This is the eleventh edition of a research project at PoliticusUSA known as Taking Back the House. You can check out the previous edition here. The purpose of this project is to analyze each Republican Congressional district in the United States and see how likely the district can go ‘Blue.’ To do this, I will take a look at the overall demographics of the district, as well as review the historical voting patterns and the record of the Congressperson representing the district. This series will run until we’ve looked at every single district in the country, which should take us right into the 2014 campaign season.
Congressional District: Arkansas 1st District
U.S. Representative: Rick Crawford
Median Household Income: $34,704 (National Average: $51,017)
Unemployment Rate: 11.6% (National Rate: 7.2%)
Gender: 50.5% Female, 49.5% Male (National Percentages: 50.8% Female, 49.2% Male)
Age: 15.9% 65 and over (National Percentage: 12.8%)
Race: 78.7% White, 18.4% Black, 0.5% Asian (National Percentages: 72.4% White, 12.6% Black, 4.8% Asian, 0.9% American Indian)
Ethnicity: 97.2% Non-Hispanic, 2.8% Hispanic (National Percentages: 83.6% Non-Hispanic, 16.4% Hispanic)
Urban/Rural Population Split: 45.6% Urban, 54.4% Rural (National Split: 82% Urban, 18% Rural)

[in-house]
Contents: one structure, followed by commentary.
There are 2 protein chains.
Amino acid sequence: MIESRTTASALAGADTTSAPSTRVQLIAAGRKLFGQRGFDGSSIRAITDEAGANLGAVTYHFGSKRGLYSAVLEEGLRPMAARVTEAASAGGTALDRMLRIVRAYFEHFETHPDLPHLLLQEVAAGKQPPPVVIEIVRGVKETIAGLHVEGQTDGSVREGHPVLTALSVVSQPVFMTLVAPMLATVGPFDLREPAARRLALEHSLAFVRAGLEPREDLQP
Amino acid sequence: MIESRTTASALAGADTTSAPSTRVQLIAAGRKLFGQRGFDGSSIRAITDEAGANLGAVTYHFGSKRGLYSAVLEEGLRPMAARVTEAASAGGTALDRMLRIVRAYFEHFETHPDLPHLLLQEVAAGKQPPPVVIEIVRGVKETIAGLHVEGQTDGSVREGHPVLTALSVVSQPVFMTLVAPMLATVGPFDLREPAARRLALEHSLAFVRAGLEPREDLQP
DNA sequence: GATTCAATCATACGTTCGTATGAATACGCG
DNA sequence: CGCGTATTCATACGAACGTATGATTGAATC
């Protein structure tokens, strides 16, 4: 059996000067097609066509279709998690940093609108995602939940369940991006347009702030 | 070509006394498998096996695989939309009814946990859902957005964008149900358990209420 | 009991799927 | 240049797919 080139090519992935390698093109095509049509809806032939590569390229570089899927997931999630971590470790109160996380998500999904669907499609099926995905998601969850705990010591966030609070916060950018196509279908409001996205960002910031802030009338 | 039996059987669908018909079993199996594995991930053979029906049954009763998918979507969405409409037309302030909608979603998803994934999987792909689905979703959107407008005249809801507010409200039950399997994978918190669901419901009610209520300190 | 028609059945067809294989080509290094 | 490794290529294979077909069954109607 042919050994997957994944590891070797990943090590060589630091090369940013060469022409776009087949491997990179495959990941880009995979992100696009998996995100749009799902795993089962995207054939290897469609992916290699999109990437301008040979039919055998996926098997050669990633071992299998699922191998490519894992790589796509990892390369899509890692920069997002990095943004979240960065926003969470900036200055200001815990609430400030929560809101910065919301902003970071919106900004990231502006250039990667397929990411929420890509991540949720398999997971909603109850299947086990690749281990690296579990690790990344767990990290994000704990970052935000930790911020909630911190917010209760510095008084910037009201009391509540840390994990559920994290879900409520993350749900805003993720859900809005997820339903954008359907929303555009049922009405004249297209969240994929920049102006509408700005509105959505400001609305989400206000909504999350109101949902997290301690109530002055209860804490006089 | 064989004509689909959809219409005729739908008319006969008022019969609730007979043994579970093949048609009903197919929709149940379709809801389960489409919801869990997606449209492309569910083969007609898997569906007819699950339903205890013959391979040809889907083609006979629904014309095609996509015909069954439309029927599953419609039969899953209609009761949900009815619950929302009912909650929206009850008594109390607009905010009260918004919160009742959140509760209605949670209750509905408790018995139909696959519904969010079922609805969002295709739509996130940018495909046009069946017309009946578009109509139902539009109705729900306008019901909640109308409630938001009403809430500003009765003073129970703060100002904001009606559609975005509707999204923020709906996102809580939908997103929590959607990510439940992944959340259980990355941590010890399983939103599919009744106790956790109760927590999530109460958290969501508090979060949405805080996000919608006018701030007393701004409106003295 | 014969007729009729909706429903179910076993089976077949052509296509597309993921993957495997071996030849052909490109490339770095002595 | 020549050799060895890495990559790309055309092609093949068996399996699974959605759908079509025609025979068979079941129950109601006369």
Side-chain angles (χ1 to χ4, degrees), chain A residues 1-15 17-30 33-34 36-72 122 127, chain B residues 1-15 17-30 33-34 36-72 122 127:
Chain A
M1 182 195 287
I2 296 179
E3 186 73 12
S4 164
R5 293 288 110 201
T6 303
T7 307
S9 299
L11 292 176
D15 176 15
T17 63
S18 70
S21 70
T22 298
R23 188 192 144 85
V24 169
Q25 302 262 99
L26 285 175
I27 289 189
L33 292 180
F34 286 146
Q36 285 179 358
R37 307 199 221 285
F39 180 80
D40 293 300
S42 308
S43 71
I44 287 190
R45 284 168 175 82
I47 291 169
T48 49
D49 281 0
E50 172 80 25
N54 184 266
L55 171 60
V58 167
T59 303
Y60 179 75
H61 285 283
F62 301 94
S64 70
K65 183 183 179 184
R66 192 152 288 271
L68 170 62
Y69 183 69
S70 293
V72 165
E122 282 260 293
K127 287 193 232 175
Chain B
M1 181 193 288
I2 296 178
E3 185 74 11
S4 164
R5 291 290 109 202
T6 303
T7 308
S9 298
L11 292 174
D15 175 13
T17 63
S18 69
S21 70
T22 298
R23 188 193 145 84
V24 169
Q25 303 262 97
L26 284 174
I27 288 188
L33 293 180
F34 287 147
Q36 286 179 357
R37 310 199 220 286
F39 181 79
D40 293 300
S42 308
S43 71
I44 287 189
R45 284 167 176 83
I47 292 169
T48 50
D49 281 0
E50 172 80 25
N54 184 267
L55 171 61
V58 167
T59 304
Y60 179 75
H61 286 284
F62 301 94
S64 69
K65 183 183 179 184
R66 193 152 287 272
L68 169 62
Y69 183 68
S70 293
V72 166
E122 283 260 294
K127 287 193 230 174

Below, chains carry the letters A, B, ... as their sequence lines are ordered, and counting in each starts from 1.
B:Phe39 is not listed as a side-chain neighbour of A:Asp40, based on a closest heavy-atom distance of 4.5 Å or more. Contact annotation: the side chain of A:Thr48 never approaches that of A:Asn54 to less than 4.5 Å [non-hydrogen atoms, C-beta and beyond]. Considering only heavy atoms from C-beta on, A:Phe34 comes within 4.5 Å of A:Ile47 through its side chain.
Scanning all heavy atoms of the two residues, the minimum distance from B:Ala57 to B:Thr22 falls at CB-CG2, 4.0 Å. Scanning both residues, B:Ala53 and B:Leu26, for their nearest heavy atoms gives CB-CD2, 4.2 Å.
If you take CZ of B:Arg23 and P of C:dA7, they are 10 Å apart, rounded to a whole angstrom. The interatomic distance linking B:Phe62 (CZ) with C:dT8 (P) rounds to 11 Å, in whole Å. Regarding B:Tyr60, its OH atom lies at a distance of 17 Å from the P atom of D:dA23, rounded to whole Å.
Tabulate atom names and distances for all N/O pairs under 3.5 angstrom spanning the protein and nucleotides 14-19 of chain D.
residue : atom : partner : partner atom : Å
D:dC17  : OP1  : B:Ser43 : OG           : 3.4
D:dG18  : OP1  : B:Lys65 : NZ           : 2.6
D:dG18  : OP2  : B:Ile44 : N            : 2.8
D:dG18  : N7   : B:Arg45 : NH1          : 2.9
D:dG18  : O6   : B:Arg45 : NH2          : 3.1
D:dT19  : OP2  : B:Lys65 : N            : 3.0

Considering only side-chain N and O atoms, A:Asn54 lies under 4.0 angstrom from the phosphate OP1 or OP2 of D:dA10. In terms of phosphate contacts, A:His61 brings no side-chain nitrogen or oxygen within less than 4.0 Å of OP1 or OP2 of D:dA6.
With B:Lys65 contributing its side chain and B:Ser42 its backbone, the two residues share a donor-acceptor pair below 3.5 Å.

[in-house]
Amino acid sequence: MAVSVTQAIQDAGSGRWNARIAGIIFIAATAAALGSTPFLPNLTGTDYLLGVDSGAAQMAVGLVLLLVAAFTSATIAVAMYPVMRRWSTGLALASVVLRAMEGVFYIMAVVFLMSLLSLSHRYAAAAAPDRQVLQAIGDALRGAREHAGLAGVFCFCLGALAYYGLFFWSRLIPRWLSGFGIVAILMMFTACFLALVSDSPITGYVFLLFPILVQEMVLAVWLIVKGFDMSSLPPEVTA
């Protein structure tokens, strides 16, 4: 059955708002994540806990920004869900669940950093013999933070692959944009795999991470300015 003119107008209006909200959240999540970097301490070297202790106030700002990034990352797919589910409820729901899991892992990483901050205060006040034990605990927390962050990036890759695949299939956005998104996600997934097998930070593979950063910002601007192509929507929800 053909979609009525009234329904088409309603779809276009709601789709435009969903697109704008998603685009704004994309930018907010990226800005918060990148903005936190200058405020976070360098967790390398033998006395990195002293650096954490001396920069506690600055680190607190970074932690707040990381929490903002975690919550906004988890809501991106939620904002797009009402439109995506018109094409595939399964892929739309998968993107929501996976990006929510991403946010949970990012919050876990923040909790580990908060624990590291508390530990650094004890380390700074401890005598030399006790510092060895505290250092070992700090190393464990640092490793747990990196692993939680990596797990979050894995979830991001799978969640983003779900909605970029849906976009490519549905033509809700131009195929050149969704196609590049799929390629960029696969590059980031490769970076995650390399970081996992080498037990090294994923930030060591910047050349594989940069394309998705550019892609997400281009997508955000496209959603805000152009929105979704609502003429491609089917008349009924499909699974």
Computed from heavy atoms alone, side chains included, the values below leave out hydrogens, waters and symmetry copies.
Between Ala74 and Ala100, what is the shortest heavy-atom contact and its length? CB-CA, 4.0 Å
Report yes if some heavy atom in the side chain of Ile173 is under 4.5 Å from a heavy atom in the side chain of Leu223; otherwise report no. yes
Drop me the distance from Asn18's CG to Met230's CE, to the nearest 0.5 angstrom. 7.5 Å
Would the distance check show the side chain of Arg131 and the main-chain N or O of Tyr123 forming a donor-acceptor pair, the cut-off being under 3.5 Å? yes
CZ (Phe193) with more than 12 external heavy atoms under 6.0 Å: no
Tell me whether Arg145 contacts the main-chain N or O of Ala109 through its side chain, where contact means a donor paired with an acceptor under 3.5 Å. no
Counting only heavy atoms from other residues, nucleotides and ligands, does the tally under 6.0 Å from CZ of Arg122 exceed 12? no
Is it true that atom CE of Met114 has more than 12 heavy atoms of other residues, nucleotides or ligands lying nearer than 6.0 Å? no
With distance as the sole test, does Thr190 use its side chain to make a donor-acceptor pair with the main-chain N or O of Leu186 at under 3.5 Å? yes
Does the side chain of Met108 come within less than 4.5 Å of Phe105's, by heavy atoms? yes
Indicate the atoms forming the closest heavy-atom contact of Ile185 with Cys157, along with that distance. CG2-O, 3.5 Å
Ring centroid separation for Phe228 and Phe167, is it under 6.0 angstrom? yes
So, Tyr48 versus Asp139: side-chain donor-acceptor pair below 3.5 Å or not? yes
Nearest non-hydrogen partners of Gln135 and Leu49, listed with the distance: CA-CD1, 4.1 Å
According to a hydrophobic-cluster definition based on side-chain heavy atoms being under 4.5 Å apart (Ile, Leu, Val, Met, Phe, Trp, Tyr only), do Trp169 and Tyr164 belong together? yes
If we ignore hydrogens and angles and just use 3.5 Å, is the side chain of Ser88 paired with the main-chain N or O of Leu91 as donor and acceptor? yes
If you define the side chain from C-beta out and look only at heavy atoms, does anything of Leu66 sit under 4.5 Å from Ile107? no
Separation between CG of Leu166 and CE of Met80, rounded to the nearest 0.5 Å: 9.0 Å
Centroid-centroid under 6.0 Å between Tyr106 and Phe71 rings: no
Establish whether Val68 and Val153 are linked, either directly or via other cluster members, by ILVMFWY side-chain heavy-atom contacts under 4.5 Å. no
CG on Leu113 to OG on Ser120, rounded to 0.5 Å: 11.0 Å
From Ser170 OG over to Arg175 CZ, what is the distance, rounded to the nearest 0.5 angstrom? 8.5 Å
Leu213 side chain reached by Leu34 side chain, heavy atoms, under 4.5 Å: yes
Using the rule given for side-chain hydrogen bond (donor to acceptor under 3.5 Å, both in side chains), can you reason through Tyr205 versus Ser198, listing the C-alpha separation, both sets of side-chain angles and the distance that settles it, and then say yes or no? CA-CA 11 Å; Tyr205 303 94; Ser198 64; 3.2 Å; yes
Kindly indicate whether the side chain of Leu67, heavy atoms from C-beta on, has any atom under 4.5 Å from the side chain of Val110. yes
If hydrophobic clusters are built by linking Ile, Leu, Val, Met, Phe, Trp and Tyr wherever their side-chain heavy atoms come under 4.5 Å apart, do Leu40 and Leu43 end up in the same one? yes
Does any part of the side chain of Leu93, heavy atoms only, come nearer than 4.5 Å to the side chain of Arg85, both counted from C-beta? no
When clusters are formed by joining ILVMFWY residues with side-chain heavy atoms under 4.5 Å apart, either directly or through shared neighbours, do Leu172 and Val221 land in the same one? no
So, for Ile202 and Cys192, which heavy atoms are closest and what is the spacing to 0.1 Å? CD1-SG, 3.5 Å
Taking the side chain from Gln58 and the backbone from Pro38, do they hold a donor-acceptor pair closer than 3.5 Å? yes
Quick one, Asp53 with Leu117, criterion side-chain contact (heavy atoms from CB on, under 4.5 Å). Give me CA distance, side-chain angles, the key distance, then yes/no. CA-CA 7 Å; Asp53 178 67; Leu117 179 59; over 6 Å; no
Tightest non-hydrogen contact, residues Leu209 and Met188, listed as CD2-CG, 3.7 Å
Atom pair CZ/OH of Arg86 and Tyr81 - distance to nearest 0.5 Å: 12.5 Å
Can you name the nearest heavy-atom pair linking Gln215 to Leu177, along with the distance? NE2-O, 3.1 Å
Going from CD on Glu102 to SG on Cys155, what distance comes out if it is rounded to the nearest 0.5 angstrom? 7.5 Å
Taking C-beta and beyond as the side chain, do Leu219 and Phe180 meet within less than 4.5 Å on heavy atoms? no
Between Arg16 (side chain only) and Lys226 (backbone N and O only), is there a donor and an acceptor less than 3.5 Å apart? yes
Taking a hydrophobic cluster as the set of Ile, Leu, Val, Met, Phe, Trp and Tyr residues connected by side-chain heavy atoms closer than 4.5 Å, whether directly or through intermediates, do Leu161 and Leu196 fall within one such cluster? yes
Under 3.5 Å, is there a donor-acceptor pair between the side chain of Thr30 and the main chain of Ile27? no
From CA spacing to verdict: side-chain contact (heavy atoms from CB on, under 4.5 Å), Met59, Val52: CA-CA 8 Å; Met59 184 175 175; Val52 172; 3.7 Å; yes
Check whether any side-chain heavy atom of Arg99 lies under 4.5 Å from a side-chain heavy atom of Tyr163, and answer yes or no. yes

District Voting Patterns: Prior to Crawford winning in 2010, the district had long been represented by Democrats. Marion Berry served seven consecutive terms in the House, and twice ran unopposed. A popular Congressman, only his first election in 1996 was relatively close, when he won 53-44. After that, no race was closer than 20 points. Berry was a Blue Dog Democrat during his tenure and during his last term he voted against the ACA.
With Berry retiring, the Republicans saw a prime opportunity to gain a seat. The party decided to run Crawford, who was previously a news anchor with a Jonesboro television station. Crawford easily won the Republican primary and then became the first Republican Representative in the 1st District since Reconstruction when he defeated Democrat Chad Causey, 52-44. While there was redistricting in 2012, the changes weren’t major in Arkansas as the state only has 4 districts. The 1st picked up some additional land area, but the demographics stayed roughly the shame. Crawford won reelection in 2012 by 17 points over Democrat Scott Ellington.
When it comes to Presidential elections, the district went for Mitt Romney in 2012 by a large margin of 28 points. In 2008, John McCain carried the district by 19 points despite Berry running unopposed that year.
Congressional Activity by Crawford: Crawford is currently on two committees: the Agriculture Committee and the Transportation and Infrastructure Committee. As one would expect from a Southern Republican, Crawford is a social conservative, as he’s pro-life and against same-sex marriage while also opposing any restrictions on gun rights. At the same time, he’s basically kept his head down on these issues and not been outspoken about them. Of course, like just about every Republican, he is opposed to the ACA and has voted to repeal it numerous times.